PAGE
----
Long time no see. My website has been down for a while (technical issues - web experts contact me if you want to help) but now it's up again. And going through some of my old articles here (well, they're all old, I should probably do something about it...) I came across an interview I did some 4 years ago with Mark Hampton, co-founder of Certess - the company that developed Certitude. For those who don't know - Certitude is a cool technology that verifies that your verification environment really does its job. I thought their technology was really exciting and could see how it might change the way verifiers thought about "verification closure".
Anyway, 4 years have passed and today I work at Synopsys who back in 2012 acquired this technology (through SpringSoft) . I can run Cerittude on my laptop and then go to lunch with a Certitude expert. That's what I call closure!
I will make an effort to continue blogging, but I will need your help to keep me motivated. You can start by leaving a comment to share your thoughts on verification.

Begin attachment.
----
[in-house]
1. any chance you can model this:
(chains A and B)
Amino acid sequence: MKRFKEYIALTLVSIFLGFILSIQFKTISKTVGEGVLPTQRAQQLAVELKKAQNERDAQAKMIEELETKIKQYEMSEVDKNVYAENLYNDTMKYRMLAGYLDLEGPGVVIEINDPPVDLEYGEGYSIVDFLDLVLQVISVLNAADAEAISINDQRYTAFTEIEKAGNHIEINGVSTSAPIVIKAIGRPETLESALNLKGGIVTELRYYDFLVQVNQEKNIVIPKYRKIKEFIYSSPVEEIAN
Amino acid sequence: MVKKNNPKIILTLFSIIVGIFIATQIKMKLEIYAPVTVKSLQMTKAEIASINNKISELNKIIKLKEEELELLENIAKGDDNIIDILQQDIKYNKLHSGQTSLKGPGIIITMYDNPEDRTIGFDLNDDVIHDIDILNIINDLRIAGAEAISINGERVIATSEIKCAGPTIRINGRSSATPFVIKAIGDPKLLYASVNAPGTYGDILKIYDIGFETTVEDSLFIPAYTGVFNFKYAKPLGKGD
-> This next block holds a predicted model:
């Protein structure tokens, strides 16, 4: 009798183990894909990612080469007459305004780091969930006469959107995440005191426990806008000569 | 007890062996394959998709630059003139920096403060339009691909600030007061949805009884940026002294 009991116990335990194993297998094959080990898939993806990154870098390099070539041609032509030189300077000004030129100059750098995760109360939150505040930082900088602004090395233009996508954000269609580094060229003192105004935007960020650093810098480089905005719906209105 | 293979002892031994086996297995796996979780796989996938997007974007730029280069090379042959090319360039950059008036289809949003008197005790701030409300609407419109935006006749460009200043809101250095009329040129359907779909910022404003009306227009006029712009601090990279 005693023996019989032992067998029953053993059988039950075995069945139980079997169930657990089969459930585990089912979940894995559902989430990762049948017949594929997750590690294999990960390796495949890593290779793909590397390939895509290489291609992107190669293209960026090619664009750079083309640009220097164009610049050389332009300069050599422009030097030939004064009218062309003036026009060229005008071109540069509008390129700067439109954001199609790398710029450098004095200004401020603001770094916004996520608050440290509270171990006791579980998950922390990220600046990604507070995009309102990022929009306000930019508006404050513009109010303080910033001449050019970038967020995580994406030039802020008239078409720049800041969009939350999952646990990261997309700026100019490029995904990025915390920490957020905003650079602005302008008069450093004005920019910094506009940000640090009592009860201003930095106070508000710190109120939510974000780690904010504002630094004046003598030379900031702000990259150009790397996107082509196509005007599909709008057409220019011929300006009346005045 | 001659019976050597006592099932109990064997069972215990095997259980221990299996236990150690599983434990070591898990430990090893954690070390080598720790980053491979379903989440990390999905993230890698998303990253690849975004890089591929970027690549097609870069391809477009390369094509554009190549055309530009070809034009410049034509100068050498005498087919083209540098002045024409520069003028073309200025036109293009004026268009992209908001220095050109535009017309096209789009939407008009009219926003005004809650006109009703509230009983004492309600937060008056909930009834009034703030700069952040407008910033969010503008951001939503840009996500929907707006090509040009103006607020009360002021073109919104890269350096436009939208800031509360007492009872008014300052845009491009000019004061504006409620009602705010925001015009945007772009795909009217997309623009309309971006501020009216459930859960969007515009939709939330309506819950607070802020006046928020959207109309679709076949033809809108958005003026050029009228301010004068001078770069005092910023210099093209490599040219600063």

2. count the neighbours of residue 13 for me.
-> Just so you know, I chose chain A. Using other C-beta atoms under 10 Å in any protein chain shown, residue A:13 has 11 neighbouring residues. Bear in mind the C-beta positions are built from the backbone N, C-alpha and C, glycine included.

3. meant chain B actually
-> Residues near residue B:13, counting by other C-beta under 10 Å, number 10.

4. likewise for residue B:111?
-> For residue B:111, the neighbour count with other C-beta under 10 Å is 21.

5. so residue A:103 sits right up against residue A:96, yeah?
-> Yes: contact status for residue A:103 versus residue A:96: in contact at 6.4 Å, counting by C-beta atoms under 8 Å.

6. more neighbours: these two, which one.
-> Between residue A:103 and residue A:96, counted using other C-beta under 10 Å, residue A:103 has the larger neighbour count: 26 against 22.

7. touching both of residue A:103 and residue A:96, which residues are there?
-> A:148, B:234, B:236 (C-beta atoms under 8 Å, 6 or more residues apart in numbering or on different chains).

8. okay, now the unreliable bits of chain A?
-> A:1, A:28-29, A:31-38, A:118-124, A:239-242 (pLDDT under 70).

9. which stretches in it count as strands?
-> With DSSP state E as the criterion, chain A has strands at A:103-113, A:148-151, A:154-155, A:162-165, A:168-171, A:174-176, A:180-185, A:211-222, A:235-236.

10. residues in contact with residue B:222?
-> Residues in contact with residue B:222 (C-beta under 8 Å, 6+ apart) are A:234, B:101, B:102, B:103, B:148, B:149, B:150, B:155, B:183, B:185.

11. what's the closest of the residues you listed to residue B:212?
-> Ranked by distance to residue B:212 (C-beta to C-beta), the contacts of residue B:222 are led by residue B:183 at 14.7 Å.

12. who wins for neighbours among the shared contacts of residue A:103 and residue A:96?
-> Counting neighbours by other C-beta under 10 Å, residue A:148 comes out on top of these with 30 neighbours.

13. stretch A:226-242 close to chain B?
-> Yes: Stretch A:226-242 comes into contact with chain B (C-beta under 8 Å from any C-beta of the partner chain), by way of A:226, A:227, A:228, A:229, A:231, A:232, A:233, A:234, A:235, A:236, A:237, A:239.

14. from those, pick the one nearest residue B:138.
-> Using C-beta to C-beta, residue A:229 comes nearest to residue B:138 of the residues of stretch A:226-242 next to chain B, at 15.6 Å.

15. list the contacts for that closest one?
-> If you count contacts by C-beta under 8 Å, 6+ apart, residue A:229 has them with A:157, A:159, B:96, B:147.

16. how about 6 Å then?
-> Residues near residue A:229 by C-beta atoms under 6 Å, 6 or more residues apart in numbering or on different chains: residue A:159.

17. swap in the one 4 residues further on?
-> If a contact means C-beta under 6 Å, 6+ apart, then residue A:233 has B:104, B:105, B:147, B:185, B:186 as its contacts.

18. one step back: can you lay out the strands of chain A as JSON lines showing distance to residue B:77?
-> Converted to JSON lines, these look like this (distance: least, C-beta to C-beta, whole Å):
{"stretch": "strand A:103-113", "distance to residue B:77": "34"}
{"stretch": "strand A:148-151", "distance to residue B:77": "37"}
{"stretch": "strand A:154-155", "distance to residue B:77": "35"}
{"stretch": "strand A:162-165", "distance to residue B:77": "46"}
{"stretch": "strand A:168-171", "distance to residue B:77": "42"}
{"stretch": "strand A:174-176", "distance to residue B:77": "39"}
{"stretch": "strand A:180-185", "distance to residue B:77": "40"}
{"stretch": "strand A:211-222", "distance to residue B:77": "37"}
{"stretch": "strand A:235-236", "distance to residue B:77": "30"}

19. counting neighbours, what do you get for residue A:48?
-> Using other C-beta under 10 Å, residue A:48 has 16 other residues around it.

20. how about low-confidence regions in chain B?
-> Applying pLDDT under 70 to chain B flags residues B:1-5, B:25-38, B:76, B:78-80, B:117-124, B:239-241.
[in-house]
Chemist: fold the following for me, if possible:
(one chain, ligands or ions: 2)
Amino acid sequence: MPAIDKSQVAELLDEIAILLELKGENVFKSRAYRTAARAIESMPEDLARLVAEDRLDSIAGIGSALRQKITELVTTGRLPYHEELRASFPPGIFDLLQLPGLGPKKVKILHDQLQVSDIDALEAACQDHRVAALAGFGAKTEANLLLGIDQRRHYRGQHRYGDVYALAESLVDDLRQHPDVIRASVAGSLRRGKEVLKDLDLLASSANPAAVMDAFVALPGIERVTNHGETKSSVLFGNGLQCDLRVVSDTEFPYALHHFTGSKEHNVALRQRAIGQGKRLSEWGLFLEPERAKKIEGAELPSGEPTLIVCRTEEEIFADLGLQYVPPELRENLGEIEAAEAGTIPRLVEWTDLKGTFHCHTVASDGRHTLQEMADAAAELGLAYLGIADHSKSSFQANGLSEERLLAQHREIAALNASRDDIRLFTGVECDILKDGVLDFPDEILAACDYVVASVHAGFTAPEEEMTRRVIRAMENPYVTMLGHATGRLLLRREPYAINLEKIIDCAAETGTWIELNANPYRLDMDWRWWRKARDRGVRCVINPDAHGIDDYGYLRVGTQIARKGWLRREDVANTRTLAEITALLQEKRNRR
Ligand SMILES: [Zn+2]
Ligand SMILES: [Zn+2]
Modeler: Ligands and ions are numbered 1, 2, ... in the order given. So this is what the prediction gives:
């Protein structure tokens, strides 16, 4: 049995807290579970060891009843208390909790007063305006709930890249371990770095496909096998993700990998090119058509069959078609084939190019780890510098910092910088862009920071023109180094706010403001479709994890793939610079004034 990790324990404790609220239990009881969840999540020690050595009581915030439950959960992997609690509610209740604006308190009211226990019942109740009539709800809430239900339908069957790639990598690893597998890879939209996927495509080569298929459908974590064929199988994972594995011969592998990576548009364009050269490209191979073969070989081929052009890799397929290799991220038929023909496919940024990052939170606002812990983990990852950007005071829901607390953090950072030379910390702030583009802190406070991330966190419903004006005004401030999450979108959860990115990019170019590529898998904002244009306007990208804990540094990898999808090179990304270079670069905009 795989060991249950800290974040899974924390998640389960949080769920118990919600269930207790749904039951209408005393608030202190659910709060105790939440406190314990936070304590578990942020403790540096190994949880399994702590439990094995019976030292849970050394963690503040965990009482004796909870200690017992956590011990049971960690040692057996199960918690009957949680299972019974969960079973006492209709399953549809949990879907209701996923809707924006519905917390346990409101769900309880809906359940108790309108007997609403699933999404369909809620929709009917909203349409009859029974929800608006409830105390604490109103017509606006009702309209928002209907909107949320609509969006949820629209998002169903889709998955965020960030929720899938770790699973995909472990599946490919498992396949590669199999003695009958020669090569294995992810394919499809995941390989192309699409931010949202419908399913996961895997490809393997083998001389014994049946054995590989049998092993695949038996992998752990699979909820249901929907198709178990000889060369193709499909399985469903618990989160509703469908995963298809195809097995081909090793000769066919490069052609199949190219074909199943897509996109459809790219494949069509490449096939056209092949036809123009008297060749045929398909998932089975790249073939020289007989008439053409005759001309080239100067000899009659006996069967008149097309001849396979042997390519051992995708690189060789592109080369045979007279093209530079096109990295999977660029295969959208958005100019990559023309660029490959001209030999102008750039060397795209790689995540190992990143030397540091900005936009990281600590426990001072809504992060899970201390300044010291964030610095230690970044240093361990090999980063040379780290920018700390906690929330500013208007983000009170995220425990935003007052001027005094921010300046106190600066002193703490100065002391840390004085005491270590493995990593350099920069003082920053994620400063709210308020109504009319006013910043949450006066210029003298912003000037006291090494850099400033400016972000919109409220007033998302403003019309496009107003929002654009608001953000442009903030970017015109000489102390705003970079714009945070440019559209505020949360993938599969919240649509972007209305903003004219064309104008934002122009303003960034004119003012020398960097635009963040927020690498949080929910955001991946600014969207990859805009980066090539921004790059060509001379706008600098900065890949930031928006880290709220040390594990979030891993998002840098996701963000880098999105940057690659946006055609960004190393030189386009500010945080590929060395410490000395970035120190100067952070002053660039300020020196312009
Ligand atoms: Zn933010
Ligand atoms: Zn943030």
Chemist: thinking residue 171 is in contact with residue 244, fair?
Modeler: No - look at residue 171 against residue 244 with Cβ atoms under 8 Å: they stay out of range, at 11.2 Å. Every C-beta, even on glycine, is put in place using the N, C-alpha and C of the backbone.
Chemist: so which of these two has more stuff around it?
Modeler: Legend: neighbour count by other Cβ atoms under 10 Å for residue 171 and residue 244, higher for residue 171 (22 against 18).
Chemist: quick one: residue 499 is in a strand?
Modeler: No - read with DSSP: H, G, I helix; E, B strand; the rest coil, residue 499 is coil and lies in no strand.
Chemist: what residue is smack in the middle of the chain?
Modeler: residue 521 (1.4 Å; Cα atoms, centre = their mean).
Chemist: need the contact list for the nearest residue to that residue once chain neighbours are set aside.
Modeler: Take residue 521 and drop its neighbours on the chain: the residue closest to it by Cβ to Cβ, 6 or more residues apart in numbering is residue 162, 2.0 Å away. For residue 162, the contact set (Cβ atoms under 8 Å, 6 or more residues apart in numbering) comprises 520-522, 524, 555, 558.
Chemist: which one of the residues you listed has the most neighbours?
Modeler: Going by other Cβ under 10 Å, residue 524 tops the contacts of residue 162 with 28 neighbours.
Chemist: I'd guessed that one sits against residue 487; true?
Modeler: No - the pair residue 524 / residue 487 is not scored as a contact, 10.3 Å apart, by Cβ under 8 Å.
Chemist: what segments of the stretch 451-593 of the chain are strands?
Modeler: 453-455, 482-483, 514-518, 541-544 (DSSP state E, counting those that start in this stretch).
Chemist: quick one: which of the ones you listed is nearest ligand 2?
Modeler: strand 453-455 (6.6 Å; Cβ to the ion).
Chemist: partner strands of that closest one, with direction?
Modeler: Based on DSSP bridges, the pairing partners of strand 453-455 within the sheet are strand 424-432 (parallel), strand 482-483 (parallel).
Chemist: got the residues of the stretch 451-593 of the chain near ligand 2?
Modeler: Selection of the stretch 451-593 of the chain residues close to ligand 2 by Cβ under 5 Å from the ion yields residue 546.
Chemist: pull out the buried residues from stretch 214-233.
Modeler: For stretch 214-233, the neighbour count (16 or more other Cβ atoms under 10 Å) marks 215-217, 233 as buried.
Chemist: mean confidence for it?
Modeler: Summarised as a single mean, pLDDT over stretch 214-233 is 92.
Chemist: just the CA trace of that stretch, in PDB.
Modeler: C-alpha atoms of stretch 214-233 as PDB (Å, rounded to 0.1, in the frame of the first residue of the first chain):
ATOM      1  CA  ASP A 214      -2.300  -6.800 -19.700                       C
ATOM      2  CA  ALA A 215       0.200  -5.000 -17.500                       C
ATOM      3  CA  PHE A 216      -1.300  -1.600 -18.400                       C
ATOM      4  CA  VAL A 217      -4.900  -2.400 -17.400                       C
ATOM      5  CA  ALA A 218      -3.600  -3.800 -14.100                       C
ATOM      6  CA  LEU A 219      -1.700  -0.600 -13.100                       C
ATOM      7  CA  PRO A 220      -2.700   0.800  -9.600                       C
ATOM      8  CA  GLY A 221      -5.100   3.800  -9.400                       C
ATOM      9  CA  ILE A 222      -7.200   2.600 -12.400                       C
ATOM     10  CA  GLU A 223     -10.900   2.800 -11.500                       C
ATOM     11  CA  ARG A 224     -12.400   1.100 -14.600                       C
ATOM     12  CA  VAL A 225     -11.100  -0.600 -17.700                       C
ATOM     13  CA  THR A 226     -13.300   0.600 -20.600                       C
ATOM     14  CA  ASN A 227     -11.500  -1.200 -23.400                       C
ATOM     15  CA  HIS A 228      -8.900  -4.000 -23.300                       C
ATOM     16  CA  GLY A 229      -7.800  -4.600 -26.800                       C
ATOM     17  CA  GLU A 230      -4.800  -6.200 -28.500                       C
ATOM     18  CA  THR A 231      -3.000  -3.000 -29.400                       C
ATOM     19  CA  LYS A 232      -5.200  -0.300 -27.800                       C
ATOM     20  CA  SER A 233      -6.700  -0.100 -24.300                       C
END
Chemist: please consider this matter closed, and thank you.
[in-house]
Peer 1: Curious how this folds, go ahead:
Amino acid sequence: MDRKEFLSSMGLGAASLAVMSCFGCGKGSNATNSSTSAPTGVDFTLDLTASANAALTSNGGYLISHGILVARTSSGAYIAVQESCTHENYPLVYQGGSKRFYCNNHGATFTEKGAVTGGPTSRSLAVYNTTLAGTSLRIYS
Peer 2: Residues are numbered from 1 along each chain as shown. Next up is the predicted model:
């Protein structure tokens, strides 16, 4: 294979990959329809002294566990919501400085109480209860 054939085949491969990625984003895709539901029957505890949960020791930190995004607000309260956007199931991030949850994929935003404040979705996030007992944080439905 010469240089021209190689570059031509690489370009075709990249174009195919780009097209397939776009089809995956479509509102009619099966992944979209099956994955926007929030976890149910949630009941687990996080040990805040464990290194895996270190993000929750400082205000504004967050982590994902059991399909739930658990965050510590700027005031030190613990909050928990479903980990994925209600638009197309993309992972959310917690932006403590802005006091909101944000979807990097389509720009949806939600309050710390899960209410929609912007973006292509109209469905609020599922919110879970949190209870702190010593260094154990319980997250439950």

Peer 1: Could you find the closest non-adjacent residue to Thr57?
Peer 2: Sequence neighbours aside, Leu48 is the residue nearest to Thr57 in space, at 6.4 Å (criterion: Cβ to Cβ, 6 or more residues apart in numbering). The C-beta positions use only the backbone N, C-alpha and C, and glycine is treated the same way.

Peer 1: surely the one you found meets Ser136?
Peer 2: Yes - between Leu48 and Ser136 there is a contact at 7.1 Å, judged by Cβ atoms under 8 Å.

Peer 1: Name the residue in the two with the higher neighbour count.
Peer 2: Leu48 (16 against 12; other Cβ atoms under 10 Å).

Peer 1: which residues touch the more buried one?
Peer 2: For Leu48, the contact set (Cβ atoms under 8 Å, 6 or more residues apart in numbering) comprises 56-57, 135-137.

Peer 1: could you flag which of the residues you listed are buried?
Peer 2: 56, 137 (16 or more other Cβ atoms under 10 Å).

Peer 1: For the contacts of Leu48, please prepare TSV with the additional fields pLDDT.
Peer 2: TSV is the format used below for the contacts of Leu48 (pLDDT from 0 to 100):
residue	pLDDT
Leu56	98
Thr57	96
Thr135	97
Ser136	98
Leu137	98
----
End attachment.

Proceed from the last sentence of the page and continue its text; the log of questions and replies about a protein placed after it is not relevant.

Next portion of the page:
A couple of years ago I wrote here about how the UVM was becoming the next big thing in the verification world.
And guess what? I was right. Not that it was too hard to predict... but anyway, the industry has finally standardized on language (SV) and methodology (UVM) which is great news for us verification folks. The bad news is that even with SystemVerilog and UVM becoming ubiquitious, still we have to spend a fair amount of our time debugging our DUTs. And this is where the tools can be of much help.
Things are changing. The EDA industry is changing, and the verification world is changing (check out Janick Bergeron's inspiring talk at SNUG San Jose for a glimpse of the future of verification). One of the major challenges we’re already facing today is an increasing number of IP blocks in a single system. Designs are getting bigger and bigger, and the focus is shifting towards system level integration rather than “design creation”.
Is Assertion-Based Verification (ABV) becoming mainstream? This question popped up today at Mentor’s ABV seminar. Assertions in general and ABV in particular make another approach that you can use to verify your design. Usually ABV alone is not sufficient, and is used alongside other verification approaches such as Coverage-Driven Verification, Directed Testing, Formal Verification, and Code Coverage. What’s good about ABV though, is that it’s the fastest tool around in terms of failure-to-root-cause time (also in your testbench!)